11 2. Attain a stable or positive trend over time in rangeland conditions (vegetative, soils, productivity). 3. Utilize grazing systems that shall allow for sufficient plant growth, reproduction and residual cover to protect soils from accelerated erosion. 4. Adjust stocking rates to account for variation in precipitation and forage production. 5. Practice cooperative management and collaboration with ranch operators, other agencies and the public. 6. Maintain public access to and across the ranch properties where public health/safety and negative impacts to wildlife or wildlife habitat are not an issue. Ranch Management Action Strategies 1. Identify property boundaries and legal access. 2. Map ranch roads, boundaries, pastures, improvements (and document condition of improvements), and water sources. Install signs to clearly communicate ranch roads and boundaries. 3. Identify ecologically sensitive areas and the management needs of these areas. 4. Determine percentage of ranch lands that livestock can utilize (noting sensitive areas, slope and distance from water, or important wildlife habitats). 5. Compile and review historical stocking and utilization rates, precipitation records, fire regimes, and other factors that contributed to the current resource conditions. 6. Consult with AGFD Wildlife Managers to identify wildlife resources and requirements on ranch lands. 7. Identify riparian areas and assess the function and ecological condition of each. 8. Inventory ecological sites and identify current ecological status (health) or condition. 9. Analyze all of the above information and develop a coordinated resource management plan. 10. Select key areas and establish rain gauges, photo points and monitoring transects with a paired ungrazed control plot where possible. (Monitoring efforts will be repeated every year for an initial three year baseline assessment and biennially at a minimum thereafter.) 11. Evaluate alternative methods to manage grazing. (Select and apply one.) 12. Utilize an adaptive management model to incorporate the yearly assessment of monitoring results into a process of developing annual grazing plans, adjustment of stocking rates, and determining the need for practices or research (to help explain unknowns). (Research findings should be incorporated back into the system as available.) 13. Develop fire management plans with the agency responsible for fire management decisions. (Develop maps showing areas that would benefit from fire and provide them to the agency to guide managers if a natural fire starts.) 14. Evaluate other legal or illegal uses and/or impacts on ranch properties (e.g. camping, hunting, offroad vehicle use, or border issues) and develop strategies to enhance, address or mitigate negative impacts where possible. Mitigation actions should be compatible with existing ranch management plans. Terms used in this report can be found and described in the Glossary of terms used in range management, 4th edition. Glossary Update Task Group (1998). T. Bedell. Denver, Society for Range Management. Pima County Range Management Standards and Guidelines 9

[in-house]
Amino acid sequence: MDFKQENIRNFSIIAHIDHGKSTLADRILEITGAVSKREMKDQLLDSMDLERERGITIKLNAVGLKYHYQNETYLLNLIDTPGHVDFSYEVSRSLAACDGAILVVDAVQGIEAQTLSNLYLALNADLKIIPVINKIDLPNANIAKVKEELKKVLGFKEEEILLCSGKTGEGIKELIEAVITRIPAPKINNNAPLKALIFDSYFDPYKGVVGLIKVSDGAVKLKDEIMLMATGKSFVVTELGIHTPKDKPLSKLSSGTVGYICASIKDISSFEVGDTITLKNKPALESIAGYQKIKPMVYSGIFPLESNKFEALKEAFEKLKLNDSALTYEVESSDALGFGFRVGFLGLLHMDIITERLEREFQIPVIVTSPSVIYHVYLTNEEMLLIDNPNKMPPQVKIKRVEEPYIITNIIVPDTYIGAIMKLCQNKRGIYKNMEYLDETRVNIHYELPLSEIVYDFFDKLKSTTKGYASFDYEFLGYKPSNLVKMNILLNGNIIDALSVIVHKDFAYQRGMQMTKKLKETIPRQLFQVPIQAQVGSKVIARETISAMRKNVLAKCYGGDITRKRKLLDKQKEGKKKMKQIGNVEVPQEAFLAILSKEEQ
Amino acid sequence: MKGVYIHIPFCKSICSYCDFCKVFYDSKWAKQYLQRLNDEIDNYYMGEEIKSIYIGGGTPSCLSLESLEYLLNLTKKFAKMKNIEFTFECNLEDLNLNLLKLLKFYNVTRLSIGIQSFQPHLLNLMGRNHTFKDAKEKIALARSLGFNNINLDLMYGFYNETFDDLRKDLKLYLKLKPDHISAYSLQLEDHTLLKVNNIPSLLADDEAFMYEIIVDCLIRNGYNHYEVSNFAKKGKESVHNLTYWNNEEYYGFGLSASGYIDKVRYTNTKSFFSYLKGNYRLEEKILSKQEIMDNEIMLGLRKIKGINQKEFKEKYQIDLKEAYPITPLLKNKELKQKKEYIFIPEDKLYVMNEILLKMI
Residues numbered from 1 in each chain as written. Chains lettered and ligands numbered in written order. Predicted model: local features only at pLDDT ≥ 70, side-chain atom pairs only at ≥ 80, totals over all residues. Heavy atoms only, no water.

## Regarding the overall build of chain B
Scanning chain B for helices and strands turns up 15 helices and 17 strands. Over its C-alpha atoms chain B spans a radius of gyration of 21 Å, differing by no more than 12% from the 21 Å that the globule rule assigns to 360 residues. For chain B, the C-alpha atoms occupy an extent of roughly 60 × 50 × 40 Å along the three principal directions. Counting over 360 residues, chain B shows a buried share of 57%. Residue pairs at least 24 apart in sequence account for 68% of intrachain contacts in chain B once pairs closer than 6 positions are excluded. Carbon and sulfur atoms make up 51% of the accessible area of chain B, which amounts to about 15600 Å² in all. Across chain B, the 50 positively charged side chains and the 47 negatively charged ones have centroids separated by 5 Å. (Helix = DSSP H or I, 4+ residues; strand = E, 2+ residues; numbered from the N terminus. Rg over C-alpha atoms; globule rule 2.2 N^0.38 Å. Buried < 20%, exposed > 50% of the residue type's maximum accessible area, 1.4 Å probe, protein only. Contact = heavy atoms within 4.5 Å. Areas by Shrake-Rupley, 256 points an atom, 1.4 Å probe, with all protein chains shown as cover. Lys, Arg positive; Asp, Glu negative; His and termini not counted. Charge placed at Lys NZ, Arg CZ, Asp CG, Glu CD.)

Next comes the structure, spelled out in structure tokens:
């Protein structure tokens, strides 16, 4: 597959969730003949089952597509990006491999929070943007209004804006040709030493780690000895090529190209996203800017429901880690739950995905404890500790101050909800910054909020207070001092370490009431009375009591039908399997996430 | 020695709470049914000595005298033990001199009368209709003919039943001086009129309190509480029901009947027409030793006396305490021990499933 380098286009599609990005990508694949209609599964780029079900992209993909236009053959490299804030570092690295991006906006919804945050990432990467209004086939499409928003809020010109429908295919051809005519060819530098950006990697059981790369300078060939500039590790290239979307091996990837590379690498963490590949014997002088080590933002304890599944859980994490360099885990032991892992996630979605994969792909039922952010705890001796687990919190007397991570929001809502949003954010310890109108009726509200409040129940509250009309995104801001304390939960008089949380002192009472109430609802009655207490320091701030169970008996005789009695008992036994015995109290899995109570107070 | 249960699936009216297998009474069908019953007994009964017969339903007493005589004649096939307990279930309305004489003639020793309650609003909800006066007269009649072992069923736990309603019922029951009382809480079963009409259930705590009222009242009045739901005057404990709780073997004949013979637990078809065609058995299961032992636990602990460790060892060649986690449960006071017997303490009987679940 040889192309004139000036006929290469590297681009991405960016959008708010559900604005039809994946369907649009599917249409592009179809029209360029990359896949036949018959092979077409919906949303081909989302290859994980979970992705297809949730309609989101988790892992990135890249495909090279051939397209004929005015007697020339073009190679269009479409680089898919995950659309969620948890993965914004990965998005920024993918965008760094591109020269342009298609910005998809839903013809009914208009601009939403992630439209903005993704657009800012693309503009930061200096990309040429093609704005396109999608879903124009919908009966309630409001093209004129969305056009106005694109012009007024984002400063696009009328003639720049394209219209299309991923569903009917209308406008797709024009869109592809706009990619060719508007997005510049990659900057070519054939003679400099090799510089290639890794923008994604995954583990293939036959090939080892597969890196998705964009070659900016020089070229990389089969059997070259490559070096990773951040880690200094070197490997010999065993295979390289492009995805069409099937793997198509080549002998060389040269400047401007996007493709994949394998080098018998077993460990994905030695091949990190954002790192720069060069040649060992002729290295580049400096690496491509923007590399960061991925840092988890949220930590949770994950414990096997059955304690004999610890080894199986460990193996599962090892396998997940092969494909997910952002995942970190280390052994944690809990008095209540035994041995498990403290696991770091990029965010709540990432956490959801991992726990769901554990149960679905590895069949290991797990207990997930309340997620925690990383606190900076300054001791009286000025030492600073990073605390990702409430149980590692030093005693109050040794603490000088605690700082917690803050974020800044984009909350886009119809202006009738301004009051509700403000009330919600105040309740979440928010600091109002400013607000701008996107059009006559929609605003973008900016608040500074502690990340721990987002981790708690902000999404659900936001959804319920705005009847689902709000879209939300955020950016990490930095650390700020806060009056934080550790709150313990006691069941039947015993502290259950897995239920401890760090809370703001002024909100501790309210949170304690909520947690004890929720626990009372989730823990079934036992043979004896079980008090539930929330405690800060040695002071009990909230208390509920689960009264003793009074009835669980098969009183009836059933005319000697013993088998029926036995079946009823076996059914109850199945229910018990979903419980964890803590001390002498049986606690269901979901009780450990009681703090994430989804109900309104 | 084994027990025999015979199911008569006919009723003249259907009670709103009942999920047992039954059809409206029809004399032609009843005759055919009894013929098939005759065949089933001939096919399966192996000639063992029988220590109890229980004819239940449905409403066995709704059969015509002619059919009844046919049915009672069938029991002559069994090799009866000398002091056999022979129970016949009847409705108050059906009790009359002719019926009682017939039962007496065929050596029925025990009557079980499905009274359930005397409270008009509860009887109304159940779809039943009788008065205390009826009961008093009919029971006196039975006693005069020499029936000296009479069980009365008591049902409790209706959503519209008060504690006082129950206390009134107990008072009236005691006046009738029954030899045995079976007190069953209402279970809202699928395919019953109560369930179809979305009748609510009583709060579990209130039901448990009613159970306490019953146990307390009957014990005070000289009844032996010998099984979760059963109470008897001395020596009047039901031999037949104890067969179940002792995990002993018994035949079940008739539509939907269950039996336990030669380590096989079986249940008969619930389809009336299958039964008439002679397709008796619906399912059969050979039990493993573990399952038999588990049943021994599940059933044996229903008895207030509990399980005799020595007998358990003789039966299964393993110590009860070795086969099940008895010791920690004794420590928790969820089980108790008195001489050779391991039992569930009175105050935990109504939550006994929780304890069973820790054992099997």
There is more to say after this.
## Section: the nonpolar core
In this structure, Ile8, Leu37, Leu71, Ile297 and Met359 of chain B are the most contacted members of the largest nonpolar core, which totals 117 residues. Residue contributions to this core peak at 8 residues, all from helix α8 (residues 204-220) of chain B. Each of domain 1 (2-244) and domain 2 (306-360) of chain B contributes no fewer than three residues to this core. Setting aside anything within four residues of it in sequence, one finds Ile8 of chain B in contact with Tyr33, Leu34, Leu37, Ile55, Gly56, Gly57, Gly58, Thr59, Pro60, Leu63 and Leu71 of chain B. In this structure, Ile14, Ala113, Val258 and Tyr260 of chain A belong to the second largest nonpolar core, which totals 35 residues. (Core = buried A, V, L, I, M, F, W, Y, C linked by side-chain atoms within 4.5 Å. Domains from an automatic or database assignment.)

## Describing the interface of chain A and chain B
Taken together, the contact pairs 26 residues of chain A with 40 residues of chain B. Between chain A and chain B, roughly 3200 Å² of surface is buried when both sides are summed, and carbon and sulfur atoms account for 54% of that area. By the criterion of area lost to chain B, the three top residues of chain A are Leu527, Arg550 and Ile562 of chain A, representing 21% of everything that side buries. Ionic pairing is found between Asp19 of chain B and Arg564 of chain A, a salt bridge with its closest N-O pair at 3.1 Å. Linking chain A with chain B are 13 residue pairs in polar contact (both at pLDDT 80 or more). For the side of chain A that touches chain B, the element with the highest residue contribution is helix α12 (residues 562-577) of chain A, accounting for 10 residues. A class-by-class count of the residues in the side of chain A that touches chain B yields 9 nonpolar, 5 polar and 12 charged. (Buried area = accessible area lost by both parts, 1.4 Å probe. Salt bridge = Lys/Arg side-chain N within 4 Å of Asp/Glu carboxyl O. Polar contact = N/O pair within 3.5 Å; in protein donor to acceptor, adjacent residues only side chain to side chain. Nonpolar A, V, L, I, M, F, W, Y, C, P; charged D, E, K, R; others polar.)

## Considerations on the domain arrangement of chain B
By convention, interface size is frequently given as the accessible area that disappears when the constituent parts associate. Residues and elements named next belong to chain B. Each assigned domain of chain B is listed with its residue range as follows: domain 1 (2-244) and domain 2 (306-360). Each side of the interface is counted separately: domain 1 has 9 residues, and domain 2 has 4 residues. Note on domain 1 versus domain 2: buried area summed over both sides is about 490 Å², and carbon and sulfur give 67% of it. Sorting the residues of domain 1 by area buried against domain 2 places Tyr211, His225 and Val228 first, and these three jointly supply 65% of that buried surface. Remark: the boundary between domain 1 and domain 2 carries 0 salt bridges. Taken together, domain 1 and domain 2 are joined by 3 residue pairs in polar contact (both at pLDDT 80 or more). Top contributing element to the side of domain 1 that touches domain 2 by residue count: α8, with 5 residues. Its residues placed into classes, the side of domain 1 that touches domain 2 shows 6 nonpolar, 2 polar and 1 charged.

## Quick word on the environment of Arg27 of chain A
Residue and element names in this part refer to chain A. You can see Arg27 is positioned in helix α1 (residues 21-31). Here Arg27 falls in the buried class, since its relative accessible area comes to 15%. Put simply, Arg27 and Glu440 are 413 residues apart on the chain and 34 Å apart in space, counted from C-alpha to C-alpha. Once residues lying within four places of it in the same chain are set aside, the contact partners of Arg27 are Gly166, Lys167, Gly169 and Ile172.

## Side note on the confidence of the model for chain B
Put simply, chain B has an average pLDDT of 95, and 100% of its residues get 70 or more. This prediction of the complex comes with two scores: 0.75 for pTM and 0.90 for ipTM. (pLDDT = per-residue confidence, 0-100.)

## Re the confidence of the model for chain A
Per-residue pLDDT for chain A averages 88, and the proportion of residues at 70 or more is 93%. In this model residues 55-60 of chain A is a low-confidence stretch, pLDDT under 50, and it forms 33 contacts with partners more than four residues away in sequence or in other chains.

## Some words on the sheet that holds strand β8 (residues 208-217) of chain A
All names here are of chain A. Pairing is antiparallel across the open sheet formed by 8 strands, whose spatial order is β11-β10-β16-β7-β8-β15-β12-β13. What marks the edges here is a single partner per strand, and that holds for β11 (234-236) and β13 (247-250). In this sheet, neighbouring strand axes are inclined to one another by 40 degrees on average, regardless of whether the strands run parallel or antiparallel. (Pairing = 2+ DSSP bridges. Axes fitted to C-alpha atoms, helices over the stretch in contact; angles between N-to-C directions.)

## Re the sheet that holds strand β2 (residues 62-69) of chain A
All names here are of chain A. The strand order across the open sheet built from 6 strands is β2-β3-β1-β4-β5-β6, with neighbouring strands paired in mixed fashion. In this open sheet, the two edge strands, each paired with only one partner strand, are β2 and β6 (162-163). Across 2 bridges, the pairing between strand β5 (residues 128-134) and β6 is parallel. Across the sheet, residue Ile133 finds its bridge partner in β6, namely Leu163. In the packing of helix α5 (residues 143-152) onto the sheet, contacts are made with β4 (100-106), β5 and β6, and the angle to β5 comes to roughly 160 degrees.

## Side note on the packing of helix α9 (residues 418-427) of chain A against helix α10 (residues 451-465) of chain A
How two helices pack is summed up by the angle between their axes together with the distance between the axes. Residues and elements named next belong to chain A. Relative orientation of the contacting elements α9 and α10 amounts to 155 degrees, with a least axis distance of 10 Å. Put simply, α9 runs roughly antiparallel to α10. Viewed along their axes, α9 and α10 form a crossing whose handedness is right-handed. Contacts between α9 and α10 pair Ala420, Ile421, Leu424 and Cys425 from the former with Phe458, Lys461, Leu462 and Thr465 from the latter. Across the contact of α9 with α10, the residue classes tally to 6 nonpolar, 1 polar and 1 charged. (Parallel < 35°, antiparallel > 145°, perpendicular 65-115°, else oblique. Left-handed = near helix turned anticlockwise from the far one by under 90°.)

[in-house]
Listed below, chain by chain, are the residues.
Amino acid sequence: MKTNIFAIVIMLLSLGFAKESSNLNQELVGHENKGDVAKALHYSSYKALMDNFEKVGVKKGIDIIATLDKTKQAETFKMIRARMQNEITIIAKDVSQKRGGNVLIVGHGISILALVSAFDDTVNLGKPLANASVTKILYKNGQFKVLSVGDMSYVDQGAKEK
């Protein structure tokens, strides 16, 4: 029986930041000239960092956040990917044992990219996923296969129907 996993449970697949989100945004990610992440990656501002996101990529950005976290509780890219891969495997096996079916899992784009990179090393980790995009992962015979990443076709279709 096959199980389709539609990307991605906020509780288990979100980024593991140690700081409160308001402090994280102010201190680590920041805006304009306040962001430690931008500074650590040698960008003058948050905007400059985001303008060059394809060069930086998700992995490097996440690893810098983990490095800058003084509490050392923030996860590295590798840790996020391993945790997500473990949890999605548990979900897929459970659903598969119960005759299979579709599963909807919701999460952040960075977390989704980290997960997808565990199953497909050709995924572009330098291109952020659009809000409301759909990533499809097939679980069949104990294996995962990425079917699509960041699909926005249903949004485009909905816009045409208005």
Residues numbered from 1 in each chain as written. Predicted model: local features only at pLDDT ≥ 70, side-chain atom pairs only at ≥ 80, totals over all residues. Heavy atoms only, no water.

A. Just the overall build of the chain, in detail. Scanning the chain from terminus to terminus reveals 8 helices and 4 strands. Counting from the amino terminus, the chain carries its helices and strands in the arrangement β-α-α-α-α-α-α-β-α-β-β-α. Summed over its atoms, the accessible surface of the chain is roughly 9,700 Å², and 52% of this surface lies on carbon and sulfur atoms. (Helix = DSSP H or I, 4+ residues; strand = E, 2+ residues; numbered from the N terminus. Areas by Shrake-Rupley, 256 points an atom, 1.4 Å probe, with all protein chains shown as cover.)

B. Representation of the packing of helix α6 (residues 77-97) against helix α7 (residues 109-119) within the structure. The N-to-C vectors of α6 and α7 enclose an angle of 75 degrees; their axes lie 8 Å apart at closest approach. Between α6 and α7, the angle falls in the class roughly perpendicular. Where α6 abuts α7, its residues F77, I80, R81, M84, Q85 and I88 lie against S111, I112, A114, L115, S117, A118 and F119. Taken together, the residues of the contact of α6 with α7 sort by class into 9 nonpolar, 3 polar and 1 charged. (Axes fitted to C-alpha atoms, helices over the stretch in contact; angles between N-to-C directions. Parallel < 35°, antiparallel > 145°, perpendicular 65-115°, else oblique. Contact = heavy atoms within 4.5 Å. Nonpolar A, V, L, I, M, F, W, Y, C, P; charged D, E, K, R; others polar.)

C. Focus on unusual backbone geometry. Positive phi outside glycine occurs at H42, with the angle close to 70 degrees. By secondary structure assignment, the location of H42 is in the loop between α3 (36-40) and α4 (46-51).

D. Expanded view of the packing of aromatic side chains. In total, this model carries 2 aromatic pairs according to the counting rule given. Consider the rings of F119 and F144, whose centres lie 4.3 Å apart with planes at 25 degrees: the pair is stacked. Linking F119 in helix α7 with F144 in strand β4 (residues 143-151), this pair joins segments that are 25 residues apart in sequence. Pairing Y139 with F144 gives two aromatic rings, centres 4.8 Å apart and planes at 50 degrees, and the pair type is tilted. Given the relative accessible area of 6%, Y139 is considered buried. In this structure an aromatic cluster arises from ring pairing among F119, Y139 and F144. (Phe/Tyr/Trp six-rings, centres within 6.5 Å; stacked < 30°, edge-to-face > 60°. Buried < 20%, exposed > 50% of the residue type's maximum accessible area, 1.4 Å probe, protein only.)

12 Optimal Timeline for Annual Evaluation of Grazing Practices for Each Ranch ACTION Evaluate pasture utilization levels Annual monitoring and photos at key areas Twice annual recording of precipitation at key areas Operator submits suggested revisions based upon the assessment of monitoring results Review and assess current year s data, monitoring analyses, goals and objectives, and completed or new projects or concerns NRPR Review Panel reviews the operator s changes and makes decisions for the next year Operator meets with the NRPR Review Panel to discuss proposed use for the coming two years Review a summary of monitoring and pasture utilization data to date with ranch operator, so stocking rate adjustments, if apparent, can be initiated with fall livestock work schedule Decisions made on the approved stocking rate Additional on-the-ground stocking rate adjustments, if necessary TIMELINE February or June September to November May and September September November December December November to January March January to June 10

13 Information Required From Operator (Exhibits A - C) ACTION DEADLINE 1. Livestock Grazing Use Summary for the current year (Exhibit A) December 1 2. Projected-Use Plan for the next two years (Exhibit A) October 1 3. Rain fall records at historic locations (recorded on Daily Rainfall December 1 or Monthly Rainfall data sheets, Exhibits B and C) 4. Averages of weaning weights, calf crop percentages, and December 1, if available production records (to aid in determining animal performance and evaluate production goals and trends relative to previous years) Pima County Range Management Standards and Guidelines 11

14 List of Acronyms AGFD BLM CRM CRMP FAMSL MSCP NRCS NRPR SDCP UA USDA Arizona Game and Fish Department Bureau of Land Management Coordinated Resource Management Coordinated Resource Management Plan Feet Above Mean Sea Level Multi-Species Conservation Plan Natural Resources Conservation Service Natural Resources Parks and Recreation Sonoran Desert Conservation Plan University of Arizona United States Department of Agriculture 12

15 Exhibit A. Livestock Grazing Use Summary Livestock Grazing Use Summary Year: Ranch Name: Type of Livestock Proposed Livestock Use Actual Livestock Use Type of Livestock Pasture Number Date in Date out Number Date in Date out Notes Type: CCP = Cow/Calf Pair; DC = Dry Cow; Hf = Heifer; St = Steer; B = Bull; H = Horse Pima County Grazing Use Form (2010 rev.) pg.1 Pima County Range Management Standards and Guidelines 13

16 Exhibit B. Monthly Rainfall Data Form 14

17 Exhibit C. Daily Rainfall Data Form Pima County Range Management Standards and Guidelines 15